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Notes: Attack on Black Walnut Trees by the Ambrosia Beetle Xylosandrus germanus (Coleoptera: Scolytidae)

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Differences in susceptibility of black walnut (Juglans nigra L.) trees to attack by the ambrosia beetle Xylosandrus germanus (Blandford) and the long-term effects on subsequent growth were studied in a southern Illinois plantation from 1978 to 1980. The percentage of trees attacked differed by geographic source: Kentucky trees were more susceptible and Kansas, Missouri, and Tennessee trees less susceptible. All trees attacked were less than 3.25 m in height and 4.25 cm in diameter. Trees that were attacked had slower height growth rates during the growing season before attack, and sharply reduced height and dbh growth rates during the year of attack, than trees not attacked. None of the attacked trees had died by the end of the second growing season after attack. At this time, the height growth rates of attacked trees were higher than those of unattacked trees and the dbh growth rates in both groups of trees were the same. Forest Sci. 30:864-870.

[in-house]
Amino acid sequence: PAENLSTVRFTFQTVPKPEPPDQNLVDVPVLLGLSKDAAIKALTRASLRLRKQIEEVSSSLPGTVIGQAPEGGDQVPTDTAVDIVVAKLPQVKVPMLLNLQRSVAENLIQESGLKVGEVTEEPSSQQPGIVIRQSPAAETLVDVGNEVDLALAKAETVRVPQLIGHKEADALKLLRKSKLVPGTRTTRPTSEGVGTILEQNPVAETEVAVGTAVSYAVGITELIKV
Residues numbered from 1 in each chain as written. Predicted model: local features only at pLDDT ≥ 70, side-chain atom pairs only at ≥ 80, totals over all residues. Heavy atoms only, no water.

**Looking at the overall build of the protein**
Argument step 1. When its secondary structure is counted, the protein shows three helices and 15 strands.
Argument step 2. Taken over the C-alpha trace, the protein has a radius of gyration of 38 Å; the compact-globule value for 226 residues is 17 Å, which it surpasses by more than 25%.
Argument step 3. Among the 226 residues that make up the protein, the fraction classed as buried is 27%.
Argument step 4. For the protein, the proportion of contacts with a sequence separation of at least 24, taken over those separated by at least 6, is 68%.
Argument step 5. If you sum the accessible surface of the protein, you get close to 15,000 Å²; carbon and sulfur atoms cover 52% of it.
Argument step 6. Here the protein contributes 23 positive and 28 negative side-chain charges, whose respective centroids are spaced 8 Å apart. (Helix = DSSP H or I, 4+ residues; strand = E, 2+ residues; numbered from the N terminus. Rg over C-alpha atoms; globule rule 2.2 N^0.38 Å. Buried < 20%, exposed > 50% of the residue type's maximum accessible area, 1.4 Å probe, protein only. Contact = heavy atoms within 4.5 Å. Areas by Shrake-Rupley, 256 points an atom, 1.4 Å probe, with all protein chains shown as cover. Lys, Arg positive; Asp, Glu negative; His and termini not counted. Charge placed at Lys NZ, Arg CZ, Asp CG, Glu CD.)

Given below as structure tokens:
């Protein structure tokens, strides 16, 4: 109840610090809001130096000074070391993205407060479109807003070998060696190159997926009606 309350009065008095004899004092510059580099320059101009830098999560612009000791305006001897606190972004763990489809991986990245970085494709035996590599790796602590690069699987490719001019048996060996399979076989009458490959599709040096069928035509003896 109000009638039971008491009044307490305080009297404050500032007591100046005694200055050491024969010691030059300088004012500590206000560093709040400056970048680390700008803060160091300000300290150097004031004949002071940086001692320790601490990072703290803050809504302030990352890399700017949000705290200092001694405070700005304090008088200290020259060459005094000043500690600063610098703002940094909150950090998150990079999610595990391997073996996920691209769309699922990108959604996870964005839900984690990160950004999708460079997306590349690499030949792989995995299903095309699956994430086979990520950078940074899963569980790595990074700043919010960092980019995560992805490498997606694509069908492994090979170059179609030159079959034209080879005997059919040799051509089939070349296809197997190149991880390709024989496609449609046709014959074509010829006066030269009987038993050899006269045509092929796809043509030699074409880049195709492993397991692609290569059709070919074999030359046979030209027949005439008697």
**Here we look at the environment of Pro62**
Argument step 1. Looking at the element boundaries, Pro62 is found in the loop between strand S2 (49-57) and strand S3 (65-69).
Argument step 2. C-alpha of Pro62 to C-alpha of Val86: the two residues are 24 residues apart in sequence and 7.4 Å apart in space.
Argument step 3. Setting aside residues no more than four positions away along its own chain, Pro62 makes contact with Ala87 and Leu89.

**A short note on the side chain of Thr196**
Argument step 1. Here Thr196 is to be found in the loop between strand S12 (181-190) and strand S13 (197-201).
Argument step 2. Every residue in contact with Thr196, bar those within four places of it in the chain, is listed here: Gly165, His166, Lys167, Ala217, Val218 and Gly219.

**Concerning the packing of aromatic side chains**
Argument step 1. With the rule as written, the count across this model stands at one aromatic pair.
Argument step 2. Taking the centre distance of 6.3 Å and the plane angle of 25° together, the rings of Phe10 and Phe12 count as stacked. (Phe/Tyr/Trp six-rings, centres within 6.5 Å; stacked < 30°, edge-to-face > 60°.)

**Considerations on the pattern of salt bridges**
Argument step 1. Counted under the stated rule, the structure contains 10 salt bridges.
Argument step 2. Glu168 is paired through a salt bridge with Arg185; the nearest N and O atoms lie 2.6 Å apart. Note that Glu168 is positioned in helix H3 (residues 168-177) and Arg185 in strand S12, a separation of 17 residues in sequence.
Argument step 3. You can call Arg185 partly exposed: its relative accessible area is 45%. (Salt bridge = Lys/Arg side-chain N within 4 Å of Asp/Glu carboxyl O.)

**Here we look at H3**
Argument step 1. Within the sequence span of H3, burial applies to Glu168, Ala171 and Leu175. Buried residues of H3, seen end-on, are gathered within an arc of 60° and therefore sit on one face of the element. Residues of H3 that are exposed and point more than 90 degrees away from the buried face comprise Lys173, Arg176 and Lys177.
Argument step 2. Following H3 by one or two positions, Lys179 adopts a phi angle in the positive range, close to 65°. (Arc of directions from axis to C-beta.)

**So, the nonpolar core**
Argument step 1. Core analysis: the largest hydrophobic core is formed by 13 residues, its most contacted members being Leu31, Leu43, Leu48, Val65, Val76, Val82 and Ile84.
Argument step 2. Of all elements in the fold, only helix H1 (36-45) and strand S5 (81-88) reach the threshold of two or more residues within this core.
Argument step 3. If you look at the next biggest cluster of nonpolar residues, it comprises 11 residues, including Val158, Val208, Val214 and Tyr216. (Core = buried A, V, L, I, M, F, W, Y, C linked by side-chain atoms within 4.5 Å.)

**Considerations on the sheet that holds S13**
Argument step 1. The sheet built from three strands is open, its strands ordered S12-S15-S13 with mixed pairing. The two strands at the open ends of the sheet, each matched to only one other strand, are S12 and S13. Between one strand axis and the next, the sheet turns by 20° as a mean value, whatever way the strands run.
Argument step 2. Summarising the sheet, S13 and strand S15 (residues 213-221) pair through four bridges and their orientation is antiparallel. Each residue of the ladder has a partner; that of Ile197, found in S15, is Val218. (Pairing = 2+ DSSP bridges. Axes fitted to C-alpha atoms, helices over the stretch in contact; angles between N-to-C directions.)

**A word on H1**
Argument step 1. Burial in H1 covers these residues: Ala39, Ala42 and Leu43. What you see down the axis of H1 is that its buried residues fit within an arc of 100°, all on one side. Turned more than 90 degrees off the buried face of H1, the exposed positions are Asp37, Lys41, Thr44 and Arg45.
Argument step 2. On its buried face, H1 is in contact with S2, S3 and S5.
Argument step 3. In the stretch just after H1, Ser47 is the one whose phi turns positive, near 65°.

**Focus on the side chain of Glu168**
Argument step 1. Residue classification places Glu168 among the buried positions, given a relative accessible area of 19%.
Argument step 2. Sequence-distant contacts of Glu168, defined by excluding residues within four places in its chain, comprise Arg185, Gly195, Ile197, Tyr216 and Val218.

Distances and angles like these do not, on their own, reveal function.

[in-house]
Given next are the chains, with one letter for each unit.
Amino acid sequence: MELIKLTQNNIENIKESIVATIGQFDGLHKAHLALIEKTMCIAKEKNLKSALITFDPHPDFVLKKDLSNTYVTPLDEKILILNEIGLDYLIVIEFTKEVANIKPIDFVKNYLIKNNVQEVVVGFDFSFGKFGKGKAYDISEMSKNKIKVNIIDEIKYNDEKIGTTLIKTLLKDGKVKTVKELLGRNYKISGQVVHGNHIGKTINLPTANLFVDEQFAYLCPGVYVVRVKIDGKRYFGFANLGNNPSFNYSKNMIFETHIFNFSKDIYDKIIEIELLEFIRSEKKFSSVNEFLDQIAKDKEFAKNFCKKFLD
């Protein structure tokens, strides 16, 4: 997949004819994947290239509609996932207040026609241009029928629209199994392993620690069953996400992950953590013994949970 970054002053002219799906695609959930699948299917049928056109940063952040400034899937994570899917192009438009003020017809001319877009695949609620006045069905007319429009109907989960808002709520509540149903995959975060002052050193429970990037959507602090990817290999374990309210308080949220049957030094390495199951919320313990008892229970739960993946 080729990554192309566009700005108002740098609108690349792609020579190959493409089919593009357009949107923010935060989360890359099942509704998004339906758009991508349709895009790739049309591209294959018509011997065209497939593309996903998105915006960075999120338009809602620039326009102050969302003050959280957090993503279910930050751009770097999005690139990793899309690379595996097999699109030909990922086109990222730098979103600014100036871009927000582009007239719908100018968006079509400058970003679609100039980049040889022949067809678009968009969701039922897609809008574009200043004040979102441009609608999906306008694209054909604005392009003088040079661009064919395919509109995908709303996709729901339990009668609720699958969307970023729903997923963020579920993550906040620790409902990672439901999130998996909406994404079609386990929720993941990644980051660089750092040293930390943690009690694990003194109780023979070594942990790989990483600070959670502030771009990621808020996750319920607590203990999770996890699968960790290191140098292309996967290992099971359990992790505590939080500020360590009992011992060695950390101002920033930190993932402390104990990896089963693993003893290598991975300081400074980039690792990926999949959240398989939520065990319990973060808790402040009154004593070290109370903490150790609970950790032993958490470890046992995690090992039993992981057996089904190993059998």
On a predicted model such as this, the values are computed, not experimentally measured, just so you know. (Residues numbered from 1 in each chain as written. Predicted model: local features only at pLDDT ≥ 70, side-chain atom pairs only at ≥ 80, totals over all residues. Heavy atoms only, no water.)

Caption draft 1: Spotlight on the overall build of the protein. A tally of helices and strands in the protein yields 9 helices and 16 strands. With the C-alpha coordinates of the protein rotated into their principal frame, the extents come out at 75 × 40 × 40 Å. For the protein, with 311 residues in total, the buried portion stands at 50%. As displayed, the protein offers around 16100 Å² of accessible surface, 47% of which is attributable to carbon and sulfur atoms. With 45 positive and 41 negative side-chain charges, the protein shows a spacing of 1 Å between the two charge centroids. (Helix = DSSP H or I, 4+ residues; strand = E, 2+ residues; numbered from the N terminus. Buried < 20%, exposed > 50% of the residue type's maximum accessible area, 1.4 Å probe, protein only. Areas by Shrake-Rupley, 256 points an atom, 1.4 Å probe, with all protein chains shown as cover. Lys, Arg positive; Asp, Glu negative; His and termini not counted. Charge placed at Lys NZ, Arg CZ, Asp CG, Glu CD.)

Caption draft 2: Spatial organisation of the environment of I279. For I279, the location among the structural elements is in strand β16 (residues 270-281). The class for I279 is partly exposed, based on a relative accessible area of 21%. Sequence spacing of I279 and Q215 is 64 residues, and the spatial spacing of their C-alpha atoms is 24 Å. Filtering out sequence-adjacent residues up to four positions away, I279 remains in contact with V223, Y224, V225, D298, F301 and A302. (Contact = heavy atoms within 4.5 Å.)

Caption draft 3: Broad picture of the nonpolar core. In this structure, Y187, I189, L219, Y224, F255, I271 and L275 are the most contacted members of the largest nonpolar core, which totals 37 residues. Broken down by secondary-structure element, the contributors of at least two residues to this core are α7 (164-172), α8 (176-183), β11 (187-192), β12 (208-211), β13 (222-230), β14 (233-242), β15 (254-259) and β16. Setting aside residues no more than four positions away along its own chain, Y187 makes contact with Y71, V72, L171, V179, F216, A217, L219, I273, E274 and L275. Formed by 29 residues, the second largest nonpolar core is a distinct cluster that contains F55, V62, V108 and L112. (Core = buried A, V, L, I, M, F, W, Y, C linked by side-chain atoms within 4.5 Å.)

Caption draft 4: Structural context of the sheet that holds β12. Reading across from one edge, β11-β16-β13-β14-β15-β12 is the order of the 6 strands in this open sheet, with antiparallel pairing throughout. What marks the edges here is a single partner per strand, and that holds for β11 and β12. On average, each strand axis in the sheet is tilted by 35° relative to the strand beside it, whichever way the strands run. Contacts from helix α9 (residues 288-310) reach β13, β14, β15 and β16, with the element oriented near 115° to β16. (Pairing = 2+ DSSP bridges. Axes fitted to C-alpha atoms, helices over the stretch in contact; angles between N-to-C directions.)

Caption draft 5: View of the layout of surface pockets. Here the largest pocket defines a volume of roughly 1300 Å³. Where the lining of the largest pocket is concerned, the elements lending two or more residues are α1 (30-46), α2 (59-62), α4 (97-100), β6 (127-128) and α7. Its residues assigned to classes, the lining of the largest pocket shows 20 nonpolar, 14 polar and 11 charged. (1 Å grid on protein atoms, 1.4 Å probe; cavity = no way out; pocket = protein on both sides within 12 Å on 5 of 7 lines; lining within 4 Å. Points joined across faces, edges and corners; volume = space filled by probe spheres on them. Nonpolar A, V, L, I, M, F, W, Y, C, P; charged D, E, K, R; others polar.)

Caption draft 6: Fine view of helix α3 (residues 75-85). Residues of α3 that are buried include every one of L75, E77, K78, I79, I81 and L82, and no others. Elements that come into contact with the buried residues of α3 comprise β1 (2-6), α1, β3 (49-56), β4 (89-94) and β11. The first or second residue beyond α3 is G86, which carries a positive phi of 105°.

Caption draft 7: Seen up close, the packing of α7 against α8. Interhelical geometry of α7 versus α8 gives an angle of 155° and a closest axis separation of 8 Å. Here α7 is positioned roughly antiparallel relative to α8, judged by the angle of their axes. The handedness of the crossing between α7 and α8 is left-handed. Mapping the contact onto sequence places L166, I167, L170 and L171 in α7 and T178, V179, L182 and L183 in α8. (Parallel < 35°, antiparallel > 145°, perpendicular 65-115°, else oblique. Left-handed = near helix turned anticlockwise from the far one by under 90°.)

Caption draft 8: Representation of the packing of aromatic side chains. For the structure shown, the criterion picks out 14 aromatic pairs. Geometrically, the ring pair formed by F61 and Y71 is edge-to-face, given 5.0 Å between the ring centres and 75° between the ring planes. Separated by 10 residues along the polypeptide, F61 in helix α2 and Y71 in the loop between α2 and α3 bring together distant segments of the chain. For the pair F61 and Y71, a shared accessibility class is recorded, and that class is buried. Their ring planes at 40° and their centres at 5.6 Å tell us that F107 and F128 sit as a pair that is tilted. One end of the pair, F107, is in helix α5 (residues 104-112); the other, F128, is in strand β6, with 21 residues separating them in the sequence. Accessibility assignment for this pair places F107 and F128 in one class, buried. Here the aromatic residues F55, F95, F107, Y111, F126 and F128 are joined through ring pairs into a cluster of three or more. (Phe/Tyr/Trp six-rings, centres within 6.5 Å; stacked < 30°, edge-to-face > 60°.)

Keywords: Juglans nigra; growth; size preference; susceptibility; tree vigor

Document Type: Miscellaneous

Affiliations: Professor, Department of Zoology, Southern Illinois University, Carbondale, IL 62901

Publication date: December 1, 1984

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  • Forest Science is a peer-reviewed journal publishing fundamental and applied research that explores all aspects of natural and social sciences as they apply to the function and management of the forested ecosystems of the world. Topics include silviculture, forest management, biometrics, economics, entomology & pathology, fire & fuels management, forest ecology, genetics & tree improvement, geospatial technologies, harvesting & utilization, landscape ecology, operations research, forest policy, physiology, recreation, social sciences, soils & hydrology, and wildlife management.
    Forest Science is published bimonthly in February, April, June, August, October, and December.

    Also published by SAF:
    Journal of Forestry
    Other SAF Publications
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